Micron Technology is one of the last remaining manufacturers of memory chips, a sometimes brutal market subject to oversupply and commodity competition. But CEO Mark Durcan has the company moving in the right direction and with market conditions improving so is Micron's bottom line.
The stock jumped as much as 14% to a midday high of $23.49 on Thursday after the positive trends emerged ever more clearly from Micron's latest quarterly results and Durcan's call with analysts late on Wednesday. Now up 63% in 2016, the stock still could have a long run–it peaked at close $37 two years ago.
Durcan has been trying to add more sophisticated kinds of memory chips to Micron's line up, both to improve profit margins and provide some protection from commodity price swings. Part of the strategy is to push more into markets beyond PCs, like cloud computing server storage and automobiles. He's also emphasized adding more sophisticated chipmaking techniques over simply adding capacity to make more chips overall. "That's where we have the biggest bang for the buck," Durcan told analysts on Wednesday.
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Still, some of the improvements at Micron had little to do with Durcan's strategy. As the CEO noted, the average prices for memory chips used in personal computers gained more than 50% recently after declining for 18 months. And graphics card and video game console makers have lately introduced new, high-end models that require some of the more expensive chips Micron makes.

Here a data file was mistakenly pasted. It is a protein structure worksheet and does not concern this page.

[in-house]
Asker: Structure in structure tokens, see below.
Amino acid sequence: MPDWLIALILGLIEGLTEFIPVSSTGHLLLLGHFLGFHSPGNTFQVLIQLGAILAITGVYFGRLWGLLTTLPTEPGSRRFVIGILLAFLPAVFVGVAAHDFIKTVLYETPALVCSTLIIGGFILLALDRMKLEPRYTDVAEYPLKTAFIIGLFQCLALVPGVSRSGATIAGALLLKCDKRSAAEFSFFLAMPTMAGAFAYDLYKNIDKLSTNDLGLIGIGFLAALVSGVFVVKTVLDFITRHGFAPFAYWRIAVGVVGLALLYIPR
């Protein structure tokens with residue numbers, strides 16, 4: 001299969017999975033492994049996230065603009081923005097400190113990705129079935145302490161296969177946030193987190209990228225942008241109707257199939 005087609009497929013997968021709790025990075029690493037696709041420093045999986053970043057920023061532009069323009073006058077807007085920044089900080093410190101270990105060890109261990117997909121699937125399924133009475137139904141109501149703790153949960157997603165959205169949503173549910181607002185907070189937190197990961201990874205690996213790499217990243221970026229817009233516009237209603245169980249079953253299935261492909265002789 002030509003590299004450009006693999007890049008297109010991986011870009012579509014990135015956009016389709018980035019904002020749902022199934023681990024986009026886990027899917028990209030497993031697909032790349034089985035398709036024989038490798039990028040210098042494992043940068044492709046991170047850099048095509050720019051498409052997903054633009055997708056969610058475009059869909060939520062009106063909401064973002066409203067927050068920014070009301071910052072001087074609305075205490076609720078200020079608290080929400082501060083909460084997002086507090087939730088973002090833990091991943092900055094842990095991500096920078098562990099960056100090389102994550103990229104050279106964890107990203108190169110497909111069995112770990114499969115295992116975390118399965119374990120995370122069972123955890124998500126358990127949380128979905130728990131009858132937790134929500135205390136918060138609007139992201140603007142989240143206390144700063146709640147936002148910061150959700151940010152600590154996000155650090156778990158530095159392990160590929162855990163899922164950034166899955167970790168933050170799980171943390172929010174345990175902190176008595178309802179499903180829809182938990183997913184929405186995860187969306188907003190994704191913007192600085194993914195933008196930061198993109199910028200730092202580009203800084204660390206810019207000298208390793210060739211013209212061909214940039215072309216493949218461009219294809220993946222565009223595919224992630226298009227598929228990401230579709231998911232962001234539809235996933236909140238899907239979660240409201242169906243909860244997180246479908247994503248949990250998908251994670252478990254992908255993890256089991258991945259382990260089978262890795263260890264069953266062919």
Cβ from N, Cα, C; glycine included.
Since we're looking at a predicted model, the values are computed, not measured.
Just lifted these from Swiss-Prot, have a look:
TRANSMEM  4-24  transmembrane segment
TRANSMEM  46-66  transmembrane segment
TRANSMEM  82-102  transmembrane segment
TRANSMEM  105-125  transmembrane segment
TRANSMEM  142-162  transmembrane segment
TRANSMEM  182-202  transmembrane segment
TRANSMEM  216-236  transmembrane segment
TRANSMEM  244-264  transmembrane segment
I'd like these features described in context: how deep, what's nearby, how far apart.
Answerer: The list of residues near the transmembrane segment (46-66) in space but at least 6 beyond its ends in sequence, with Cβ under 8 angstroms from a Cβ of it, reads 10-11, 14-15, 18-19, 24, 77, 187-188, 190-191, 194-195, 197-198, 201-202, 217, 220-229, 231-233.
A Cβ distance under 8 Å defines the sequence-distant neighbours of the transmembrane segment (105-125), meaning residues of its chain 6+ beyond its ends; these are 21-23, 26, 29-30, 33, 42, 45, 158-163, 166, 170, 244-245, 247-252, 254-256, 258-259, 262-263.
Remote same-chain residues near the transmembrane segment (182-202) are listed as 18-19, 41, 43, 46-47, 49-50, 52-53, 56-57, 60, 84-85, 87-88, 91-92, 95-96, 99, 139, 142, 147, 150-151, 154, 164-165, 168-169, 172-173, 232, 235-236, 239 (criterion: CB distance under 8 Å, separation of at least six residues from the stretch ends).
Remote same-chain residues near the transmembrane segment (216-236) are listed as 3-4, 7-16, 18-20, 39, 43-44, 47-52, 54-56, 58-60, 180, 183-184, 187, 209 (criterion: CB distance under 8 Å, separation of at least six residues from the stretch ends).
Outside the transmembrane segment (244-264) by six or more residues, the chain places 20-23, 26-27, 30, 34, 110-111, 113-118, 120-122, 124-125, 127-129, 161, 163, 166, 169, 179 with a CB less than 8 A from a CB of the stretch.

All the positives led to a stronger quarter than Wall Street expected, and a much stronger upcoming quarter as well. For the three months ended December 1, Micron's fiscal first quarter of 2017, revenue increased 19% from a year ago to $4 billion, the first year-over-year sales growth in seven quarters. Adjusted earnings per share of 32 cents exceeded analysts estimate of 28 cents. The company had reported an adjusted 29 cents a share a year ago.
For the upcoming quarter, Micron (mu) said revenue would total $4.35 billion to as much as $4.7 billion, versus the $3.9 billion analysts were expecting. Adjusted earnings per share of 58 cents to 68 cents also exceeded the 39 cents analysts forecasted.
The growing need for memory chips in a wider variety of categories has helped prevent oversupply issues lately, Durcan argued. Because chips headed for smartphones or servers or cars aren't interchangeable, chip manufacturers can't anticipate demand as easily.
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Different chips "have to find their way into the right product at the right time for the right segment," he told analysts. "Getting that balance exactly right segment-to-segment becomes difficult. And therefore I think it provides the opportunity...for pricing to react to changes in supply and demand in a way that’s I think is positive from a manufacturers’ perspective."
Analysts said Micron's outlook is an indication that the positive trends will continue in 2017. "We continue to see signs of an overall healthier memory environment that can translate to sustained profitability for (Micron) and the industry as a whole," Barclays analyst Blayne Curtis wrote on Thursday.